Gaming Report for February 6, 2016
Hohndorf, Ulrich Killed in Action ~ New Player Joins Indy
The Indy Squadron is growing. We all expect a fluctuation in attendance that stems from changes in jobs, life and general interest. The last few years have featured consistent but minimal gaming at Indy, but the squadron seems to be gaining a bit of natural momentum right now.
The Meisters (Bob and A. J.) are 2-for-2 on attendance in so far, establishing early eligibility in the 2016 championship race. Bob is coming off a spectacular performance last weekend (February 6) at Saltire Games in Indianapolis, where he scored multiple kills and survived every mission.
The squadron flew three missions on February 6th, beginning with an odd matchup of French SPAD XIII's (Stephen, Joe & A. J.) against three 160 hp Fokker DVII's (Stephen Dale, Ethan and Bob).
Bob's Fokker pilot, Eugene Rommel, who also happens to be the father of the famed WWII general, struck first by scoring a critical head wound on Joe's SPAD flyer. The Frenchman passed out and fatally crashed on final approach while trying to land.
Next, A. J's SPAD went down in a spectacular fireball after Stephen Dale's Fokker pilot flamed its engine and Bob's pilot inflicted a fatal chest wound on A. J's pilot. Credit went to Stephen Dale's pilot, Alex Godfrey, who increases his record to 11 mission and 2 kills.
The final casualty in this bloody battle was Ethan's top Fokker pilot, Hippert Hohndorf (7/0), who was just one turn from making his escape when Stephen's French pilot, Vladimirez Kaskaskia (also 7/1) caught up with him just above a cloud bank and blew his right wing off. Hippert had no parachute and died in the ensuing crash.
The second game featured a trio of Albatros DV and DVa's (Stephen Dale, Ethan and A. J.) against three Belgian Nieuport 17's (Joe, Bob and Stephen). Stephen Dale's outstanding Albatros pilot, Randolf Ulrich (10/1) pelted Stephen's Nieuport with 9 hits and things looked bleak for the Belgian until he was able to turn the tables a few turns later.
Stephen's Nieuport stayed on Ulrich's tail for consecutive turns and eventually scored a massive chest wound that instantly killed one of Indy's top Albatros jockeys. Notably, this game also saw Joe survive his first mission and get his first official Dawn Patrol pilot, Donovan Taskell of the Belgian Air Force.
The day's final flight was a balloon hunting mission. Three German Albatrosses (Stephen, Ethan and Joe) were defending a balloon that hung at only 300 feet altitude. On the attack was a flight of 180 hp British SPADs (Bob, A. J. and Stephen Dale) who by all rights should have been severely over-matched and outgunned.
The Brits dove to the attack with little fanfare and by some miracle, both attackers (Stephen Dale and Bob) successfully rolled "1" to surprise the balloon. The anti-aircraft guns were caught completely off guard as the SPADs attacked from each side, scoring a total of five hits and causing the balloon to instantly go up in flames.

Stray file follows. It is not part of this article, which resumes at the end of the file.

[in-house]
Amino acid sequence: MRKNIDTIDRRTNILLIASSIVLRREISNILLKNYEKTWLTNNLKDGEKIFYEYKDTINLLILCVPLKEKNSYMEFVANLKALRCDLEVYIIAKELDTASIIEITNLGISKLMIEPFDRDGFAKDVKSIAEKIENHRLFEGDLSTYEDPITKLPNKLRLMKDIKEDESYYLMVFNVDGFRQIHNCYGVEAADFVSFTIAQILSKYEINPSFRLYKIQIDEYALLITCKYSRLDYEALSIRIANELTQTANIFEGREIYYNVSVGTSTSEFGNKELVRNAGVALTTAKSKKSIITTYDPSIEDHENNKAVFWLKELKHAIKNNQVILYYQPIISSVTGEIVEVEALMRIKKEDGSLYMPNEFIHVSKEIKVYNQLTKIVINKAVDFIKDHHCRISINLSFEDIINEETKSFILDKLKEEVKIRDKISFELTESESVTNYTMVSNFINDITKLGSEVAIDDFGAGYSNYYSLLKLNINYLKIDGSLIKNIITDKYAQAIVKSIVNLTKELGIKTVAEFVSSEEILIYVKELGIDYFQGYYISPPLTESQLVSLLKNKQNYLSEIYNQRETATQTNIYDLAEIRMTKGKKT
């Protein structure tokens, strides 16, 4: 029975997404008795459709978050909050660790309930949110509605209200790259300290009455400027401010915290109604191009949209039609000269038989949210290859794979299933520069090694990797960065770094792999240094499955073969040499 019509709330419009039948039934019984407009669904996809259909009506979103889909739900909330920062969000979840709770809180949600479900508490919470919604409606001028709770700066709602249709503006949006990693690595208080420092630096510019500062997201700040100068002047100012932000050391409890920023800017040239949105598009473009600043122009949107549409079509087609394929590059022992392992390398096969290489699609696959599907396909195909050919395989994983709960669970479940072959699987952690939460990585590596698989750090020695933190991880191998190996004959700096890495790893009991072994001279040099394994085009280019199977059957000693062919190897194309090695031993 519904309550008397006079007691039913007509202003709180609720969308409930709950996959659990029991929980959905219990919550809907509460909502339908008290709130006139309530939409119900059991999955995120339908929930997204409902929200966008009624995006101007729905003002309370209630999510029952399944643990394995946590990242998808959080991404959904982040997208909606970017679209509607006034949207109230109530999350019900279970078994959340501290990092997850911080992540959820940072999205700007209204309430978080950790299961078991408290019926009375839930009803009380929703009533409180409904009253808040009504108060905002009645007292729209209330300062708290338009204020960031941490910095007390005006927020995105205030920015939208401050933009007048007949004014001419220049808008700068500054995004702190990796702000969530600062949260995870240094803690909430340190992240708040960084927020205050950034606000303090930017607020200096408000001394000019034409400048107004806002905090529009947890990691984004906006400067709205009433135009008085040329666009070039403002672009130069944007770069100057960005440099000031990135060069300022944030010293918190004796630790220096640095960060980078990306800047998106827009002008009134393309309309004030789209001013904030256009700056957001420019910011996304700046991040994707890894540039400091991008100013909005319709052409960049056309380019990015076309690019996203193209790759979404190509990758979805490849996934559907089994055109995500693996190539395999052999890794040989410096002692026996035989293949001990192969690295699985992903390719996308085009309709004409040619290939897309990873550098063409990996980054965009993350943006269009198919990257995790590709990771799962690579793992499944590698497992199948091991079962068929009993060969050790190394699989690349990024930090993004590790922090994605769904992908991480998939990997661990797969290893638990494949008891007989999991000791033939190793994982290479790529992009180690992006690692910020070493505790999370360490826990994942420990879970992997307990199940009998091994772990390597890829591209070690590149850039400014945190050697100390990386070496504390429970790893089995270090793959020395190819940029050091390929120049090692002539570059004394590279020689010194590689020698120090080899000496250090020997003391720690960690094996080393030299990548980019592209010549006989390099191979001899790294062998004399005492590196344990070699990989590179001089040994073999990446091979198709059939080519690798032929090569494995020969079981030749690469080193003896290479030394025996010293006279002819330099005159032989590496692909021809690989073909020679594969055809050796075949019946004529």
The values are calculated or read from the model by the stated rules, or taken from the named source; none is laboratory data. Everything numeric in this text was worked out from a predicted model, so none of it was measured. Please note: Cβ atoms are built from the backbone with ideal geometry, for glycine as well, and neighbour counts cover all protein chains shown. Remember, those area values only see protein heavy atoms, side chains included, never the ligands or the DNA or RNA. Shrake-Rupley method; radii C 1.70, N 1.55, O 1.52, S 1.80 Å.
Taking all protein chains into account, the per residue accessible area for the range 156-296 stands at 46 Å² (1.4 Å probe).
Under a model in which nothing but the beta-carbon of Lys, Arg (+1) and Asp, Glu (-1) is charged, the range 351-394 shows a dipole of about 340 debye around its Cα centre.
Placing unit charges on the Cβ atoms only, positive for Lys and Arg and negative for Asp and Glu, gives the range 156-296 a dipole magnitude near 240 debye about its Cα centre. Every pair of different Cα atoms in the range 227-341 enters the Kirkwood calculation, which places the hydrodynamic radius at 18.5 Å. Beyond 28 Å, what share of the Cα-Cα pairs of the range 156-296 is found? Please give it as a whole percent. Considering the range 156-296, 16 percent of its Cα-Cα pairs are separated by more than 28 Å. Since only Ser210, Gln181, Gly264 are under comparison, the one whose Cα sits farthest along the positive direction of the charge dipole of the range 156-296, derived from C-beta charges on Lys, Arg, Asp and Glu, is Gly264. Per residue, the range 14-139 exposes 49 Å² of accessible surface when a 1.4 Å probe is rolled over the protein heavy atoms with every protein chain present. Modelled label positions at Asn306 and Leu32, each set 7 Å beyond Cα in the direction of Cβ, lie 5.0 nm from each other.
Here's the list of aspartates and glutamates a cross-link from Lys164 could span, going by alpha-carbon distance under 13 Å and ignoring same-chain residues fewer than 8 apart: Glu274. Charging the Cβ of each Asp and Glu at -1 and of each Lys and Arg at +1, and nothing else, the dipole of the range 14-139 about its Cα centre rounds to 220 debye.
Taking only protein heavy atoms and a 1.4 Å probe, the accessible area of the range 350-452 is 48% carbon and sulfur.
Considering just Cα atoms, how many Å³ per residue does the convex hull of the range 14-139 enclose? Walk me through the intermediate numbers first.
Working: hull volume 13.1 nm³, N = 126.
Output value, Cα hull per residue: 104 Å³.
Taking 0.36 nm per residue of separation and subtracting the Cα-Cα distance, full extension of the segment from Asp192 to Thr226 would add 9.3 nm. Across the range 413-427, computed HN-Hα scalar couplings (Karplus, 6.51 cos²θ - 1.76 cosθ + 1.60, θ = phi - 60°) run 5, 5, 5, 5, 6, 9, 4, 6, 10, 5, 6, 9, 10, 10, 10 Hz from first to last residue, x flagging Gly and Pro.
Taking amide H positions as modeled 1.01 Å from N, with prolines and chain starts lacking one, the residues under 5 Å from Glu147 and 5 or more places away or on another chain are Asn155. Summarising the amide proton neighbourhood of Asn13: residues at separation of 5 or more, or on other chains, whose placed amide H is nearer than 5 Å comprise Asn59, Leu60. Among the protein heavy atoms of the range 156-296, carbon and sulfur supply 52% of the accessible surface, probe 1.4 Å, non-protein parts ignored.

Led by Ethan's top Albatros pilot, Nicholas Bob (8/1), the Germans did their best to defend the balloon but failed in epic fashion. The faster SPADs made a hasty retreat to end the mission with a total victory.
Red Baron Fight XXVII, 3rd Annual Whosyercon Open
The 8th annual Who's Yer Con will be hosted again at the Wyndham Indianapolis West hotel on April 1-3, 2016. Indy's Rick Lacy will be judging a full slate of games, most of which will be held under Indy House Rules. This is an official Indy Squadron gaming day and participation in any events judged by Rick makes a player eligible for the Indy Squadron 2016 championship.
The game schedule is as follows:
12 noon, Friday, Apr 1
4 pm, Friday, Apr 1
10 am, Saturday, Apr 2
3rd annual Whosyercon Open
2 pm, Saturday, Apr 2
Red Baron Fight XXVII
Peter C. Smith
Pen & Sword Books
Hard bound, 324 pages
The Second World War is commonly identified with legendary piston-powered monoplane fighters such as the Messerschmidt ME 109, the Spitfire or the P-47 Thunderbolt. But a handful of little known biplanes saw heavy combat in the early days of the war.
Author Peter C. Smith has done a remarkable job on his new book dedicated specifically to that topic, "Combat Biplanes of WWII." Doing so required reaching beyond the strict borders of WWII and encompassing conflicts including the Hungary-Slovakian war in the spring of 1939, the Spanish Civil War, and others.
These obscure conflicts give the reader a fresh look at air combat as it was in the 1930's up to the brink of Germany's invasion of Poland. They also provide the arena in which the traditional biplane fighter made its last stand.
Smith's work, which he openly labels his "personal selection," includes well-known aircraft such as they Gloster Gladiator and Fairey Swordfish. But it also includes oddities like Italy's sleek Fiat CR-42 Falco and Eastern Europe's incredibly beautiful, closed cockpit Avia B-534.
"Combat Biplanes of World War II" is organized by airplane type. Seventeen total aircraft are covered, each with a dedicated chapter averaging about ten pages in length. Although Smith focuses on the features and service history of each aircraft, the book is not without numerous individual accounts of air fighting that lend texture and life to the manuscript.
The hardcover volume is 324 pages thick in 6x9 format with large, Times New Roman-type font that is easily read. The black and white photos are held in a center section of acid-free stock. Most are of sufficient size to facilitate further study with a magnifying glass.
This book is a rare, well written treat that delves deeply into a period that has been long overshadowed by World War II. It is highly recommended for anyone with a broad interest in military biplanes of the 20th century.